There’s something going on here…

…but I don’t have the words for it yet. Pulling my comment from here.

This may be so, but all languages will adopt all the color names when they need to do photorealistic painting, for the purpose of identifying the different shades in that art.

There are languages with larger color name inventories than English.

Of course, this is all about basic color names — there can be non-basic color names (blue-green, dark red, etc. — I think gold and silver aren’t considered basic color names, though I’m not sure why), and between derivation and coining by analogy (see: ‘orange’), you end up with as much specificity as you’d need.

There’s something interesting going on here: on some level it’s all relative [and therefore seemingly random], but on another level, it’s shaped by certain societal forces, technological demands for specificity, etc.

So on the most primitive level, there’s a totally linear gradient from less to more developed, with the West (and especially England) being most developed of all; but on closer examination, this breaks down and it’s all random and relative once you get past colonialist ideology and Western supremacism and so on; but on even closer examination, societal and technological demands imply the existence of some sort of advancement-gradation, since advances in certain fields (which demand specificity of color-names) will end up creating a wider vocabulary of color-names…

…and then, on a fourth level, that can be attacked, since there are languages in Papua New Guinea where certain areas of the color spectrum aren’t lexicalized at all and colors are described by analogy, which presumably would allow at least as much specificity as the English derivation system, but investigation of color names is restricted to basic (i.e. neither derived [dark red is derived from red] nor reducible to a more basic color [maroon is a type of red, but red isn’t a type of anything else] — cf. vörös [ = dark red], which is neither derived from nor reducible to piros [ = red]) color names and that ignores the potential for derivation and analogy and there really ought to be terms for the things that are going on here but there aren’t…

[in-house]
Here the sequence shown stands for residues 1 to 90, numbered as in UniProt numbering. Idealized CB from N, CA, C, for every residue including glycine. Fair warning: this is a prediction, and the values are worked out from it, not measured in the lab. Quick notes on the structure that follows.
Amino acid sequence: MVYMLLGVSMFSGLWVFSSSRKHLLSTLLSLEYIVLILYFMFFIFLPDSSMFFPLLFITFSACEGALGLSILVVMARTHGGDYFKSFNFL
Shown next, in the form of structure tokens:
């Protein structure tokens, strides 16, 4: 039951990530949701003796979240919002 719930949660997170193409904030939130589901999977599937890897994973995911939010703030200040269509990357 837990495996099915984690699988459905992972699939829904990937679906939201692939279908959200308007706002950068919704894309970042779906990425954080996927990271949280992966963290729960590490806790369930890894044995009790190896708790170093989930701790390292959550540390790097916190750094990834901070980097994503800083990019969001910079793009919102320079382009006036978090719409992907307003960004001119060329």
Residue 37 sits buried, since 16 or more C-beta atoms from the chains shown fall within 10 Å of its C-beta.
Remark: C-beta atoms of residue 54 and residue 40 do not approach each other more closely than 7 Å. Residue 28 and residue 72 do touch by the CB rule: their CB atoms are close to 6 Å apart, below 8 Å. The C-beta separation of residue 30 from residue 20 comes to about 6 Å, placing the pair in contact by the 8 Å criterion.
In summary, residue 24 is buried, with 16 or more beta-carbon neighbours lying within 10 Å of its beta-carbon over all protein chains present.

Also on the list of unspeakable things going on:

  • Media becomes more real than reality. Analysis is done only with media-pushed input. GIGO, of course, but it’s more specific than that…
  • The failure of egalitarianism to deal with the large male status-differential. (And other failures of egalitarianism: remember that Pando article on Valleywag? That concept should be crystallized.)
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One response to “There’s something going on here…

  1. E. Antony Gray (@RiverC) May 15, 2014 at 7:36 pm

    I find this a very interesting discussion, hope you continue it

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